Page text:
This week marks a milestone on the path toward a tech-literate society. A collective belly laugh rings out across the land in response to the assertion that two years’ worth of email was lost when former IRS official Lois Lerner’s computer crashed. Or is it a snort of disgust we hear?
Either way, the IRS is getting the same reception as the Nigerian prince who needs you to hide his gold for him. The public seems to be in accord with the IT community, telling Washington, “Come on, we’re smarter than that!”
Mainstream understanding of digital information has exploded since 2009, the year I prematurely declared that Joe Lunchbox had evolved into Joe Laptop, and I unsuccessfully launched a radio talk show covering cybercrime and digital privacy. My little show had been downloaded about 10,000 times each month as a podcast (thecyberjungle.com). On the radio, it bombed.
We’ve come a long way since then. We’ve had our secrets exposed on Facebook, our reading material monitored by Google, our credit cards hijacked at Target, and our national spy-on-citizens program revealed by Edward Snowden.
Just as we start smelling the coffee, the stink of government incompetence blows our way. A series of blunders (scandals if you prefer), featuring data mismanagement (malfeasance if you prefer), has been compounded by insultingly stupid excuse-making. The government’s only hope has been that its citizens would be sufficiently lacking in technical sophistication to buy the explanations. That’s no longer a safe bet.
Five years ago, the lost IRS email story might carried the day, with nobody but nerds and a handful of tin-foil hat types registering disbelief. But this story, and the health care exchange website debacle, are a snapshot of an improving public grasp on digital reality. It’s a digital portrait of We the People, right now, and it shows our faces half lit, half in darkness.
We know what happens to email after we click the send button. We know that it’s relayed multiple times, and lives in multiple locations. We know our employers store it for legal reasons, and we know that we can never truly delete it.
And yet, when was the last time you received an email containing “unofficial” instructions that really shouldn’t be in writing? Or a snarky remark about a client (with whom you could end up in litigation), or gossip about the boss (who can monitor whatever you write)? Got one this morning, you say?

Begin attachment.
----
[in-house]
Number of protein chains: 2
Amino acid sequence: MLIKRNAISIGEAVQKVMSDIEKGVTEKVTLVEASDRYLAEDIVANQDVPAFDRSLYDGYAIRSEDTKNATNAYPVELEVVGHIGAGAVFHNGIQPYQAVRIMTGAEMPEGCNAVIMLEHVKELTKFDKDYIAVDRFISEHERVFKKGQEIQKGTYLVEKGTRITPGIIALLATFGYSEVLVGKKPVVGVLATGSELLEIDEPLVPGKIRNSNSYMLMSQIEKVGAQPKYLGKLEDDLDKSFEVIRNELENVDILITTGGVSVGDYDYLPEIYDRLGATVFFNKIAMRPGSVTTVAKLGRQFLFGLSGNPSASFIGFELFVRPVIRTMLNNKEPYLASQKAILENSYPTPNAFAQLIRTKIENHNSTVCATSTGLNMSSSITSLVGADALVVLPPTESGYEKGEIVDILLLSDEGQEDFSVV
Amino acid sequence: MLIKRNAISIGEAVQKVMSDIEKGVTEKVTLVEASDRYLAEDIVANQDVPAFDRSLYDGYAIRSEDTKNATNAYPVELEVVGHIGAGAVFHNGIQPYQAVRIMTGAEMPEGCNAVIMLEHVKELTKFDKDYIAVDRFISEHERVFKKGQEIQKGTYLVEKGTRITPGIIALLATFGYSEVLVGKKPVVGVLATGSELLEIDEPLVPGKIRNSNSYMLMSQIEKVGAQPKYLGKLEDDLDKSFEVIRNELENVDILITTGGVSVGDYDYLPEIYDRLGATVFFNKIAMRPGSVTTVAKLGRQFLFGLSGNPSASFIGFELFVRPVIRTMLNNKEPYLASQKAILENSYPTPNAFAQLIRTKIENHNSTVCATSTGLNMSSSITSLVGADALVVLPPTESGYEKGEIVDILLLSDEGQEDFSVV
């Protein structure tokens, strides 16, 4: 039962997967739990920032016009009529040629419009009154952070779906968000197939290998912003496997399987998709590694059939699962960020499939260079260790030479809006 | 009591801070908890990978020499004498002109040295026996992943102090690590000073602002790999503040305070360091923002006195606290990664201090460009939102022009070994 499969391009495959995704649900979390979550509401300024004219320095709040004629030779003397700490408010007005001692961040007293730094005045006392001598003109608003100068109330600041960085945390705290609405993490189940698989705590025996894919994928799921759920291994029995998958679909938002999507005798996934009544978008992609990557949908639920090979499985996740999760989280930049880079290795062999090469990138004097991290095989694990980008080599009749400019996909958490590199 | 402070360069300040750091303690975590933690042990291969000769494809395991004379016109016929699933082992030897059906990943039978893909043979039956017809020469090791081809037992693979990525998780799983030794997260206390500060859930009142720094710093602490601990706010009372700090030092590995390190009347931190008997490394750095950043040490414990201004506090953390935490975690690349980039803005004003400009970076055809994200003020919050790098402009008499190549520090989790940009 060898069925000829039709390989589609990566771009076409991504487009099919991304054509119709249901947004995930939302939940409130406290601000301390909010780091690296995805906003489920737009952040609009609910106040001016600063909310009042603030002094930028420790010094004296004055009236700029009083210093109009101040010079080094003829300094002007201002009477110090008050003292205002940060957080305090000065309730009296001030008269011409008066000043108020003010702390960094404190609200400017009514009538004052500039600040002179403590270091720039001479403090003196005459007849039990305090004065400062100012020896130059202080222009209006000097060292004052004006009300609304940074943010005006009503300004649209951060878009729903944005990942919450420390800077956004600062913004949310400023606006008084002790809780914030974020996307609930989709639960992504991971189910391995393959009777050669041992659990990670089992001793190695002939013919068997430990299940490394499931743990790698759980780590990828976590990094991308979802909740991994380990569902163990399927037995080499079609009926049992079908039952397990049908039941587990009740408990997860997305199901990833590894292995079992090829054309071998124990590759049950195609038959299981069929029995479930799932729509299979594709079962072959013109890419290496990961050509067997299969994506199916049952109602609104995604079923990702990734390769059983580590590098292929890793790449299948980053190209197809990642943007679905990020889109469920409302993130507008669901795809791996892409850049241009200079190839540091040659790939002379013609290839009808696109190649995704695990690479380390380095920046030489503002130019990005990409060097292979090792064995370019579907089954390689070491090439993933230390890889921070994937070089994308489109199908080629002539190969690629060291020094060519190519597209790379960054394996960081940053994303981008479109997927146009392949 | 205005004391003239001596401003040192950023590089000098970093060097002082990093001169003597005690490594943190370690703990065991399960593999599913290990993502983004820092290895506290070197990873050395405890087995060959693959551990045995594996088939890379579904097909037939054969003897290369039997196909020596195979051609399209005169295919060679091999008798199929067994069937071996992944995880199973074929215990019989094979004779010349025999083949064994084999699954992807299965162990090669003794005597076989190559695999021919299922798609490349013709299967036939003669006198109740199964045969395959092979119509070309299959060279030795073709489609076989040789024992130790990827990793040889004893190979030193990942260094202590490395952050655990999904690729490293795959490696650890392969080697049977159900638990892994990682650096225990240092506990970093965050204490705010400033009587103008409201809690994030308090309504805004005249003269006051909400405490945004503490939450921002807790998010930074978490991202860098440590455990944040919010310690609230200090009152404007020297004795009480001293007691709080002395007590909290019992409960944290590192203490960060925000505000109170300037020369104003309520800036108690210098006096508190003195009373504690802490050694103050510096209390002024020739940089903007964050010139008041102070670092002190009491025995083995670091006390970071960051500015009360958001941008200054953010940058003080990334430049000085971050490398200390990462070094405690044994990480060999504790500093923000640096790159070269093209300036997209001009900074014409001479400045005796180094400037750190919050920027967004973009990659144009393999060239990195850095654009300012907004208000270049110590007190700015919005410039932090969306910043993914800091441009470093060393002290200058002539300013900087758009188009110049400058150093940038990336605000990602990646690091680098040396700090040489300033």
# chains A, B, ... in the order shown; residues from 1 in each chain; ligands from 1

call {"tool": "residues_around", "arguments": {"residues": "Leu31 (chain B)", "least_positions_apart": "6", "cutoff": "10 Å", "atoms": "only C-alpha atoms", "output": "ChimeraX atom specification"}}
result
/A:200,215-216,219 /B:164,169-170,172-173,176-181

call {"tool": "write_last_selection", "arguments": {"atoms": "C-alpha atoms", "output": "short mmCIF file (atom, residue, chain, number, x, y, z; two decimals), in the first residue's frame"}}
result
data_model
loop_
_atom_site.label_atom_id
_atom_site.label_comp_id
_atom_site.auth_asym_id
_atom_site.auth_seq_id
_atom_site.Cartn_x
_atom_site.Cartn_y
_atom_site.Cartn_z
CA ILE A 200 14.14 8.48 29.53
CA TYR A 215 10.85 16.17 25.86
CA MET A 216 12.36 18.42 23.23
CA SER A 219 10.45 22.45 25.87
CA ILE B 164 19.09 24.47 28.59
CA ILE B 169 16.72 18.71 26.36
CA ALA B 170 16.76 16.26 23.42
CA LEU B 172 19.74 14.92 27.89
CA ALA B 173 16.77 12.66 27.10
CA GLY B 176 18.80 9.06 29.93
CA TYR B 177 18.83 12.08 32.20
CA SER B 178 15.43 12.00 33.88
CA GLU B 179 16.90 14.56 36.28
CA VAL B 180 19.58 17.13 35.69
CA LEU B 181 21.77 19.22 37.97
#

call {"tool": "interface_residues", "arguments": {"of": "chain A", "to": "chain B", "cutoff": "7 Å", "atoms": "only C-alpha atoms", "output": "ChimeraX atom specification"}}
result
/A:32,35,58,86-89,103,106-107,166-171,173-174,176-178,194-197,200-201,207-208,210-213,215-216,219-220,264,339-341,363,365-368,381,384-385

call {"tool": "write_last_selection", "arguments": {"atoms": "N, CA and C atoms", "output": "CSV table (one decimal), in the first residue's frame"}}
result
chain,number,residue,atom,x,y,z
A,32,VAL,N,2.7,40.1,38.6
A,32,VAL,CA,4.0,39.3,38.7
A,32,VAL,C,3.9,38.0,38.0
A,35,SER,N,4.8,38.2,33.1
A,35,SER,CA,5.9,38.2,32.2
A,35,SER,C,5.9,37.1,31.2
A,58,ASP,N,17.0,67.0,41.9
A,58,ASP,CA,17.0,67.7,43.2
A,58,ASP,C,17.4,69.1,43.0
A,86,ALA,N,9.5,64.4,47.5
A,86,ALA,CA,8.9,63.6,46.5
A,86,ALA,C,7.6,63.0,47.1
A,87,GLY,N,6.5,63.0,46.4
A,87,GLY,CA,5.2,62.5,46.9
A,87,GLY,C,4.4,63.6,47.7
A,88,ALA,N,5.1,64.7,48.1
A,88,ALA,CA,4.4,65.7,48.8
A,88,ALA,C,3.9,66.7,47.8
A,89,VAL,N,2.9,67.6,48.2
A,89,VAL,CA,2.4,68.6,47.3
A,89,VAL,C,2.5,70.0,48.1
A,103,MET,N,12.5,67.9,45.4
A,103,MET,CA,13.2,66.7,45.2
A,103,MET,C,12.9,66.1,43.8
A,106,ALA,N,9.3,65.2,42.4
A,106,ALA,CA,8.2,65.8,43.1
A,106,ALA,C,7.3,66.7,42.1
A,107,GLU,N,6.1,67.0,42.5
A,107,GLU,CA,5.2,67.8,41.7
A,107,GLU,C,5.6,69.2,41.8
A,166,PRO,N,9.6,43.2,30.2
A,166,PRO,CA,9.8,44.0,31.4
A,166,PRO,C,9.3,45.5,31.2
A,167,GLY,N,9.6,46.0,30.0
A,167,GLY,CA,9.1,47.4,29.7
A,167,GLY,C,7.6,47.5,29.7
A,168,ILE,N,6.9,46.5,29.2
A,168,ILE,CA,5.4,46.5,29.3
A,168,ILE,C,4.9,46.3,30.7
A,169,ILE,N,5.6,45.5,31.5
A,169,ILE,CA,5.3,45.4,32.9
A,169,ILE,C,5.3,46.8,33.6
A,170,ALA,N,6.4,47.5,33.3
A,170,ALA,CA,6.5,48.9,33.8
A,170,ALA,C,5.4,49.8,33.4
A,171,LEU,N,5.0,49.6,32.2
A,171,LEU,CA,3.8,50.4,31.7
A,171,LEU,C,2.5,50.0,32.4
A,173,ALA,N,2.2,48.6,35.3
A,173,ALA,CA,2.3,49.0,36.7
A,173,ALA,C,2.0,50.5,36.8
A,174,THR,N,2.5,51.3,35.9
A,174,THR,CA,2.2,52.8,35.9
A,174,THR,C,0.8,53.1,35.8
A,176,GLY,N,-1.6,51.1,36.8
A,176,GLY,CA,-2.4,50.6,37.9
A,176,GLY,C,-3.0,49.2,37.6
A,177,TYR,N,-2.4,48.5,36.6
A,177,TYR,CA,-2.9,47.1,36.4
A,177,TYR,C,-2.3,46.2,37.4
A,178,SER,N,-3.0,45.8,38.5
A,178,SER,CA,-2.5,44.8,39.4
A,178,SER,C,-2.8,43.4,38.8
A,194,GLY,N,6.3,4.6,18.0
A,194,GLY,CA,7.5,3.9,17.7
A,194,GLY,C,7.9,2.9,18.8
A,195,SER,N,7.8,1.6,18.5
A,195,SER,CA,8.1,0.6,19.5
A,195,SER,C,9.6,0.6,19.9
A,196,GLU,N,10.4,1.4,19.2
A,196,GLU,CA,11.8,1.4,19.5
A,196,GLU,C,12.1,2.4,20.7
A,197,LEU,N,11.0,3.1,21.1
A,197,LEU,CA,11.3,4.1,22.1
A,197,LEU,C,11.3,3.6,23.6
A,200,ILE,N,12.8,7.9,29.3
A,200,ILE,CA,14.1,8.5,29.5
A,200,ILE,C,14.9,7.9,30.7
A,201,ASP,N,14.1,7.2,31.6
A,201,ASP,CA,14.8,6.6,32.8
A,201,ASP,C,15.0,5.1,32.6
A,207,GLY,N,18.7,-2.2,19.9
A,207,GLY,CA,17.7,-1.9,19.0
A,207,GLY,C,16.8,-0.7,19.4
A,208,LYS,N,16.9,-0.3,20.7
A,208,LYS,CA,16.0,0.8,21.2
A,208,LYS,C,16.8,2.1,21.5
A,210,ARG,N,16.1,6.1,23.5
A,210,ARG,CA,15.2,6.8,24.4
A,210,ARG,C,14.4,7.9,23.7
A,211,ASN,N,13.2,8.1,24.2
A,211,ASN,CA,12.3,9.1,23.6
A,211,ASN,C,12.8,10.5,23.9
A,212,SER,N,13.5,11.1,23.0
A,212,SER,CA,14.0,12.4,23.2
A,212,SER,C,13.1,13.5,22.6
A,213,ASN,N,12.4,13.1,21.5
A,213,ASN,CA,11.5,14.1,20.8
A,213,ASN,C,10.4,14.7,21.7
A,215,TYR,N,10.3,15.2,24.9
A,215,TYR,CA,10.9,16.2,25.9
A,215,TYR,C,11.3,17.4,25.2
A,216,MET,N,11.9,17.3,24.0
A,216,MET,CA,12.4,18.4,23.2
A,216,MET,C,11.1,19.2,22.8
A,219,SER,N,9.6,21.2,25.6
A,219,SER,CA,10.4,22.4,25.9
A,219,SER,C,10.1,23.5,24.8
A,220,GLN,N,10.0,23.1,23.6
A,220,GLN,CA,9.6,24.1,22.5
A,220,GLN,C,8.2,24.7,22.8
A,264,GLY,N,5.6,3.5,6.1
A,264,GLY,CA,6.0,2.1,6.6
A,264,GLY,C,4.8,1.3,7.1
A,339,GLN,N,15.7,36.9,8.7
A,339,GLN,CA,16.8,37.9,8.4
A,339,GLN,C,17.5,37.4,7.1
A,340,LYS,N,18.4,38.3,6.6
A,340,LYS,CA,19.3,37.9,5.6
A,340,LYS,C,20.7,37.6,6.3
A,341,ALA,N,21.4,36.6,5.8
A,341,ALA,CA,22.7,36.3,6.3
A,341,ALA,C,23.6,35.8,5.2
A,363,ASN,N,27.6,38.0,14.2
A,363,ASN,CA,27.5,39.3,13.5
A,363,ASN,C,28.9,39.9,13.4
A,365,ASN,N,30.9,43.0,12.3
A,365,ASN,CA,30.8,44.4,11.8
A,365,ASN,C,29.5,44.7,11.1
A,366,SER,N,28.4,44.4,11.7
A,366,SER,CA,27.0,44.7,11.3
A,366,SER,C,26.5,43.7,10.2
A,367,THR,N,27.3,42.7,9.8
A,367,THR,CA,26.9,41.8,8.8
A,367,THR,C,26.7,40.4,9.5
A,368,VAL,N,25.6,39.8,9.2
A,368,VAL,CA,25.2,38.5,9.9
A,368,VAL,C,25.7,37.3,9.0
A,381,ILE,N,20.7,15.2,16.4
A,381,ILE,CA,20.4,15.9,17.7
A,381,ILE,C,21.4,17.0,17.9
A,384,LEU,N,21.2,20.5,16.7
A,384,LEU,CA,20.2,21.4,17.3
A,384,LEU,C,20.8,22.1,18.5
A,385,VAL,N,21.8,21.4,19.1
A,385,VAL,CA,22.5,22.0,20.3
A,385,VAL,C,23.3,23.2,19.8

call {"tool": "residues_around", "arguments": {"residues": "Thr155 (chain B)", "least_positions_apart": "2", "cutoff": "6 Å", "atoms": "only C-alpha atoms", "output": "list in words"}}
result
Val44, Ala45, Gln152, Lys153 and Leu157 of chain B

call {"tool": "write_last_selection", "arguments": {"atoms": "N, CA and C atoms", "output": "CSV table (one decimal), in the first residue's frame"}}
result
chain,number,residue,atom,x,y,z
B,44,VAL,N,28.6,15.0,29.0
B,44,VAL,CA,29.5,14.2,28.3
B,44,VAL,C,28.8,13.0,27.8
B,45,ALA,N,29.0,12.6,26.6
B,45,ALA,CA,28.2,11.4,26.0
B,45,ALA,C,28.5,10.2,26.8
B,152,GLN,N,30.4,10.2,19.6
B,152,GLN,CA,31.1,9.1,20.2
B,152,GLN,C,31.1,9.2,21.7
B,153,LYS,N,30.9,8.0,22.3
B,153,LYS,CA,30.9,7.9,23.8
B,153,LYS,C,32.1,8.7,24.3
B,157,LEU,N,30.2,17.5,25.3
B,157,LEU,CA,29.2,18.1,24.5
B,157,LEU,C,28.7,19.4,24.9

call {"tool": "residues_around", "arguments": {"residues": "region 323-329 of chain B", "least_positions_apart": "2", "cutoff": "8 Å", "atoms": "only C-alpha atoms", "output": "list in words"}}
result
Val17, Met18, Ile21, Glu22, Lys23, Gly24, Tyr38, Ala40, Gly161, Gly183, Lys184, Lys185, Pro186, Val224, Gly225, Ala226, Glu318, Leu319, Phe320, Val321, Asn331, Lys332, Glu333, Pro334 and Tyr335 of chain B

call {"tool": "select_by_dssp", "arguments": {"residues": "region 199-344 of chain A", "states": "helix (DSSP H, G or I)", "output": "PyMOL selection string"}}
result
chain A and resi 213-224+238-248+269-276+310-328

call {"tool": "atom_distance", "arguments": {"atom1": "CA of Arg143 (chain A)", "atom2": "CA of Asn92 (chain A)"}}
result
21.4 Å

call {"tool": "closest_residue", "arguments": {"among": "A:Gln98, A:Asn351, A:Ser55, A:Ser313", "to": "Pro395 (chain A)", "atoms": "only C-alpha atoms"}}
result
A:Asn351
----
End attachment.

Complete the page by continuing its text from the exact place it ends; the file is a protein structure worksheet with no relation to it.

When it comes to email, we are B-plus students. We’re in closer contact with its complexities than we are, for instance, with the databases that drive e-commerce, where we’re still pulling a C-minus.
We still struggle to understand the jeopardy in online transactions. We log into bank accounts from our phones, but “only to check the balance,” as if it’s the act of transferring money that exposes us to cybercrime, rather than the act of entering passwords. In droves, we e-file our tax returns, using services providers approved by the very same IRS that can’t find its email backups.
We believed a government website would be a plausible place to buy health insurance, and we bought the b.s. when massive system failures were characterized as a “glitches.” Rarely has a word been misused so many times, by so many people, and gone essentially unchallenged.
Now we’ve apparently accepted the iffy proposition that the “glitchy” exchanges can be fixed, and maybe this is why the folks in charge thought we’d buy that moronic song-and-dance about Lois Lerner’s emails being vaporized when her computer hard drive crashed. The two narratives are equally preposterous, but not equal tests of our technical sophistication.
We the People get a D in common sense when we allow our government agencies to build data-eating beasts that suck down money and leak private information, ultimately failing to perform as specified. We’ve been far too tolerant when the beast builders shrug off suggestions that the owners of the data – We the People – may have suffered harm because of it.
Our skeptical response to the IRS email story may be a turning point, and not just because we understand how email works. But because we realize, too, that although the United States government can’t find Lois Lerner’s email, it can find ours, any time it wants to.
UPDATE: The original post said The Cyberjungle got 10,000 downloads per week as a podcast. If only! It’s been edited to reflect the correct number, 10,000 per month.